My worthy friend, gray are all theories,
And green alone Life's golden tree.
In his earliest poems Ibsen again and again raises the question whether the poet's dreams will ever become reality. Once, in Paa Vidderne, the contrast is sharply stated between an artistic conception of life and life itself in its concrete reality. Perhaps, then, all life in the abstract spheres of science, art, and religion is unreal? And here, at the close of his career, made wise by great achievements and still greater disillusionments, Ibsen's last message would seem to be: Whoever has lived only for his art has never attained to real happiness, nay, has never really lived. Is it the poet's or the man's despair that moved the confession? The life that has not been lived--unquestionably this is the burden of this confessio poetœ. It implies certainly a recoil from idealism, if it means nothing more than that the real joys of life are those smaller satisfactions which the man of exceptional endowment is compelled to forego. But even in his decline a man of Ibsen's stamp is hardly to be thought of as steeped in such petty regrets. The great artist is not liable to forget so utterly the fact that to be an artist is to spend and transmute much of one's common share in human happiness into less tangible but higher values. Ibsen expended his tremendous capacity for living in the artistic work to which his entire life was devoted.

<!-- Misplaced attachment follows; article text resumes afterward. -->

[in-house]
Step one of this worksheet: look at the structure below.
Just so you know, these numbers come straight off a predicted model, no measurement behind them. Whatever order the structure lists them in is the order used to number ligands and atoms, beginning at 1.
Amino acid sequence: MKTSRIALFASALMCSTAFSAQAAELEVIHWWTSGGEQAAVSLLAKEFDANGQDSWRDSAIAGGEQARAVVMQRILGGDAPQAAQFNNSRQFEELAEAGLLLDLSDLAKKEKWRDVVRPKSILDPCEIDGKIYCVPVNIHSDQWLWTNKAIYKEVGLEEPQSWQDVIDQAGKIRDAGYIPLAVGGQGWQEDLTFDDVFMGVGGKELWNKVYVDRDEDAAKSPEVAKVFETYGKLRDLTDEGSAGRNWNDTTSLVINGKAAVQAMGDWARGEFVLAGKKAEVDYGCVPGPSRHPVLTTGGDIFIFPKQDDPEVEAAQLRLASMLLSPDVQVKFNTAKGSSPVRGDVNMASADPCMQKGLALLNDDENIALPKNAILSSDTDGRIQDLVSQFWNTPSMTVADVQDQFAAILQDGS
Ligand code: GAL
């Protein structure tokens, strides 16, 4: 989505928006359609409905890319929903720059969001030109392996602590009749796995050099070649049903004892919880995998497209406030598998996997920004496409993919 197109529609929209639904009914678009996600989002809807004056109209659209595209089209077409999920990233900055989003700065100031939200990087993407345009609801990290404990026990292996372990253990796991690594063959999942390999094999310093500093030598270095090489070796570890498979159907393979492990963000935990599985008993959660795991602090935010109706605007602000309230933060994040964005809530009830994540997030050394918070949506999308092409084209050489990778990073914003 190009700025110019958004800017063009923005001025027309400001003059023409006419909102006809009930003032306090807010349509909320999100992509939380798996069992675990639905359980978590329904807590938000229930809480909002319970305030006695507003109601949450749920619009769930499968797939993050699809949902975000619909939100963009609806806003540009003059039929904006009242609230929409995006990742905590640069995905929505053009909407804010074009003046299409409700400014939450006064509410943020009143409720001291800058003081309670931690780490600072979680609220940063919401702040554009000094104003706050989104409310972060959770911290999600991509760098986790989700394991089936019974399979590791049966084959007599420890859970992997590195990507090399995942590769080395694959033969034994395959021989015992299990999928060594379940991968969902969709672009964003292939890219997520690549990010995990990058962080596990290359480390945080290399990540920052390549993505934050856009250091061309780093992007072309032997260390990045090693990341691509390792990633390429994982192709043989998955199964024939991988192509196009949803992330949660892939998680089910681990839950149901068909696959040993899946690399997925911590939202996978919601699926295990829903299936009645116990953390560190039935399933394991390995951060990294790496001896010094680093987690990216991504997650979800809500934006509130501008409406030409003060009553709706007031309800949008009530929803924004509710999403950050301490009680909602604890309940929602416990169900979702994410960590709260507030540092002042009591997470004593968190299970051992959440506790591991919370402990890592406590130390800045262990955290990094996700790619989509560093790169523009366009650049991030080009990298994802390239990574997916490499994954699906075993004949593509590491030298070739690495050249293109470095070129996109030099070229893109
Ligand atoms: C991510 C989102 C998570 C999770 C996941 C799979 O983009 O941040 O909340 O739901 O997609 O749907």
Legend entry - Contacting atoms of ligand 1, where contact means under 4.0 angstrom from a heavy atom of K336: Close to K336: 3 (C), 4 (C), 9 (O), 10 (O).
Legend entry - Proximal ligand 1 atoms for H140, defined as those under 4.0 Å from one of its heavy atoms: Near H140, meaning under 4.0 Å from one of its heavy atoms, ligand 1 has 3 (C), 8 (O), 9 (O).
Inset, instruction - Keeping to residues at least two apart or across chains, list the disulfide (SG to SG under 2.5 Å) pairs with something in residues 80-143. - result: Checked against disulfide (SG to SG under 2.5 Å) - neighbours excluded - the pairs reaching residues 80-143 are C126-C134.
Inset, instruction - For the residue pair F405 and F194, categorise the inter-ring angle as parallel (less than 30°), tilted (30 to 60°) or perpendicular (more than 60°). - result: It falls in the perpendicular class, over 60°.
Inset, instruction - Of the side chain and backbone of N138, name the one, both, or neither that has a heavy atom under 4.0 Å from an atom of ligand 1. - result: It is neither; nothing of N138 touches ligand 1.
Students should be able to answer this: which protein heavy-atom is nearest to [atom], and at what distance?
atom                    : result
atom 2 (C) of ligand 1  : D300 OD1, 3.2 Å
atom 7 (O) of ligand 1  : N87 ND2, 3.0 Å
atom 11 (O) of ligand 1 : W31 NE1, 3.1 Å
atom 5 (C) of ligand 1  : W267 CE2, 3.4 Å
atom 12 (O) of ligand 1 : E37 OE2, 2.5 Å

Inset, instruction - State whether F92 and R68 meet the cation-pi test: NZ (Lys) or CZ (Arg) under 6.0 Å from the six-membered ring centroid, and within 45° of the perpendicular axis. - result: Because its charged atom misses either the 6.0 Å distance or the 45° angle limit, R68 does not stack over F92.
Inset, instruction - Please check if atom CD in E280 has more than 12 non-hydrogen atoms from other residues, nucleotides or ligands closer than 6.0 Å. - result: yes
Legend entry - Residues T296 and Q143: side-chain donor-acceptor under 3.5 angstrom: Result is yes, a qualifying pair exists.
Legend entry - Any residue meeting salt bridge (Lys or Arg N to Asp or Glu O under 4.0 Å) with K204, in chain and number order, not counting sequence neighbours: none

Yet it may be, on the other hand, that the aging revolutionary, in a retrospect over his public career, accused himself of a radical inconsistency. He had conceived and advocated theories of life which perhaps he lacked the courage to practice -- forms of happiness perchance that he was too timid to grasp. In spirit a rebel and innovator, he was in conduct prudent and conservative. Once, replying to the inquiry of a certain debating society in regard to the meaning of Rosmersholm, he pointed out as one of its leading motifs the clash that occurs in every serious life between conduct and insight. Man's acquisitive power makes him progressive, while his conscience, being the residuum of past traditions, tends to make him conservative.